This wasn’t going to go like a regular meeting. Rubbing her temple, Valance turned to the cabinets behind her. Matt Rourke would have had a bottle of whisky stashed already, and two crystal glasses to serve it in. She’d thought that an indulgence, but she’d been in this office mere days and it was already feeling imperative.

Abruptly she moved to the replicator. ‘Raktajino,’ she instructed. ‘Two mugs.’

This made Gov’taj give a small, not especially amused snicker. As if taking pity on her, he took the seat that Dashell had vacated. ‘I expect the last thing you knew is that I was on a Starfleet exchange mission to the USS Mannheim when you left the qa’chaQ. You understand that was more than a gesture of goodwill? From me or Father?’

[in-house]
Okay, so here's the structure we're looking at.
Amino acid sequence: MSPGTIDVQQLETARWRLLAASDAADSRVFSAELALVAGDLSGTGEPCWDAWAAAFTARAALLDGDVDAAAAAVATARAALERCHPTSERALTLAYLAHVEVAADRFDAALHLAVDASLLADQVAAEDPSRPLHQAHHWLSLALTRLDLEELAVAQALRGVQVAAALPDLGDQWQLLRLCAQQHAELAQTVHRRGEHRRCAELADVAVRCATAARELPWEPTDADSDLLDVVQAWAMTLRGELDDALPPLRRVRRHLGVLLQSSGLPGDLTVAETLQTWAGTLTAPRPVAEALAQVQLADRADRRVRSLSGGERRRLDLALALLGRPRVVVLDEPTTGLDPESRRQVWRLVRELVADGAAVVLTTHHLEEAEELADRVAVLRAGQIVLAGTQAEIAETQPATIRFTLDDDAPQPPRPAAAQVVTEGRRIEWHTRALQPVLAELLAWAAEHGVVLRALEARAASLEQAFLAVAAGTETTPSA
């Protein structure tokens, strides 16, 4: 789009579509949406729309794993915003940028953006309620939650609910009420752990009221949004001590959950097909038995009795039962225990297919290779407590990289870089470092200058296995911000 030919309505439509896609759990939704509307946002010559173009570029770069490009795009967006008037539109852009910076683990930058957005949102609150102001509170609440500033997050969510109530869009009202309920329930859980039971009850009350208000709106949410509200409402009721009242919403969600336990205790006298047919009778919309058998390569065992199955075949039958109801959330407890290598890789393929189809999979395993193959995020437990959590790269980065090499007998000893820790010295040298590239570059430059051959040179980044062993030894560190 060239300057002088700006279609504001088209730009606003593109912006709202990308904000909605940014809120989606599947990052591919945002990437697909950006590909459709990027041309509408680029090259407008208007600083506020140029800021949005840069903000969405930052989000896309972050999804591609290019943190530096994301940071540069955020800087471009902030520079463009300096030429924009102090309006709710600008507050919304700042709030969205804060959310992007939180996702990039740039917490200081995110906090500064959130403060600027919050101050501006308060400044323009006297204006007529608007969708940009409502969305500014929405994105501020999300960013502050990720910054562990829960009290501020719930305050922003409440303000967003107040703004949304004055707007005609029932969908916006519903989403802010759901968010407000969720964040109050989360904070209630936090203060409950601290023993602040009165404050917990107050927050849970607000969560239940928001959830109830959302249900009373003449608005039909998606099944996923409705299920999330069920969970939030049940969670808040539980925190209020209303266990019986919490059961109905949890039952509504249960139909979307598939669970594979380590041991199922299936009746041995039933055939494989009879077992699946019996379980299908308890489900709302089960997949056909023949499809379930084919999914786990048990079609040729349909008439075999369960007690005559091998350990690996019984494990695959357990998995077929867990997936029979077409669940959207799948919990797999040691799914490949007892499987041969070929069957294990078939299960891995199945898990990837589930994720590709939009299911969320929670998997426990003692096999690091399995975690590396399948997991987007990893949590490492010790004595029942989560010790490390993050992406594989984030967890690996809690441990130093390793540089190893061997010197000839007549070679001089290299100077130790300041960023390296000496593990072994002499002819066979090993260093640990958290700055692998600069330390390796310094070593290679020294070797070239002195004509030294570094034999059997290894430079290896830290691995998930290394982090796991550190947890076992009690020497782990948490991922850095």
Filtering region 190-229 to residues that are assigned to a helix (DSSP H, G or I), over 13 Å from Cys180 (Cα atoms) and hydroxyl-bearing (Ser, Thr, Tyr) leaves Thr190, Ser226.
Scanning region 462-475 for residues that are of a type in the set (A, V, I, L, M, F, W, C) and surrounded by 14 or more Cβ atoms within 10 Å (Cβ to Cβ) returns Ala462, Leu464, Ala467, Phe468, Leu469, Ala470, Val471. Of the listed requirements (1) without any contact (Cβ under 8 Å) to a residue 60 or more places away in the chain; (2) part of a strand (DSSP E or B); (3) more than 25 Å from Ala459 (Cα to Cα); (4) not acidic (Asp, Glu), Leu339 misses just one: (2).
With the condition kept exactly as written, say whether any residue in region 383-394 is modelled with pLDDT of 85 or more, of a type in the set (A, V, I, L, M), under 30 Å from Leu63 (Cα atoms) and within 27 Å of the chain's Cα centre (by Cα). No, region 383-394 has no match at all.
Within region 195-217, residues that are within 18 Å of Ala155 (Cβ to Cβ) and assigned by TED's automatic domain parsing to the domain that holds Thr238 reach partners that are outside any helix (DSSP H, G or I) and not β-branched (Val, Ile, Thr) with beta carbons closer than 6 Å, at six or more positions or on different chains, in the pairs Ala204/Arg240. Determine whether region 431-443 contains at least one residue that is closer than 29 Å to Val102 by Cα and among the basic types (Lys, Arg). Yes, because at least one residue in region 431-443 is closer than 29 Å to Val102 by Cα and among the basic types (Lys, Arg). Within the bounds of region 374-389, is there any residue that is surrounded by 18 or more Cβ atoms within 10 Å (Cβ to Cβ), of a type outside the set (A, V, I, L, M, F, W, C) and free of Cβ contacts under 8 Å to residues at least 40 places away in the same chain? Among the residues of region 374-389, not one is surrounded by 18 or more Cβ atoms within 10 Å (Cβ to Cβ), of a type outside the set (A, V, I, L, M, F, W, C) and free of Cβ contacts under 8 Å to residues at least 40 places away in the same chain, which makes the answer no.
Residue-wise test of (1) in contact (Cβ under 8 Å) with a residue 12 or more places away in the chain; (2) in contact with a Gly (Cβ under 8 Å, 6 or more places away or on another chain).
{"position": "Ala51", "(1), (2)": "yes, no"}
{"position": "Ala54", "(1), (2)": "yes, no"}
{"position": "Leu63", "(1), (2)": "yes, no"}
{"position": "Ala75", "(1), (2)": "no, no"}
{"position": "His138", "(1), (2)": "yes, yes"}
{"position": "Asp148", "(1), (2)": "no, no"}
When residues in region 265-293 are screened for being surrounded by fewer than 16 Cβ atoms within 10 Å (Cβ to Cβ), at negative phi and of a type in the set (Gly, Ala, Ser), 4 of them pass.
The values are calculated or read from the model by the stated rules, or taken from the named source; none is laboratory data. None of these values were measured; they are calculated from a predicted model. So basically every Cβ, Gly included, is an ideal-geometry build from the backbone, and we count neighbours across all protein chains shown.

‘I understand you wanted to continue to work against the Mo’Kai, when the Klingon Defence Force has not always been sufficiently motivated.’ Valance took the two mugs as they materialised, and tried to not grimace as she brought them to the desk.

Gov’taj shook his head. ‘I can hunt Mo’Kai from either side of the border. Starfleet was where I could continue my work.’ At her blank look, he shifted his weight. ‘That we cannot simply hunt them. We must destroy their ideas. And to destroy them, we must assess them, know them. That… engagement was not always popular in the KDF.’

Her mind was spinning and at last, spitting out useful recollections. ‘With Starfleet, you could engage with Mo’Kai teachings. Develop measures to counter extremist ideology. You had the knowledge of Klingon culture, we had the frameworks.’ Her gaze turned apologetic. ‘I didn’t know you were still with Starfleet.’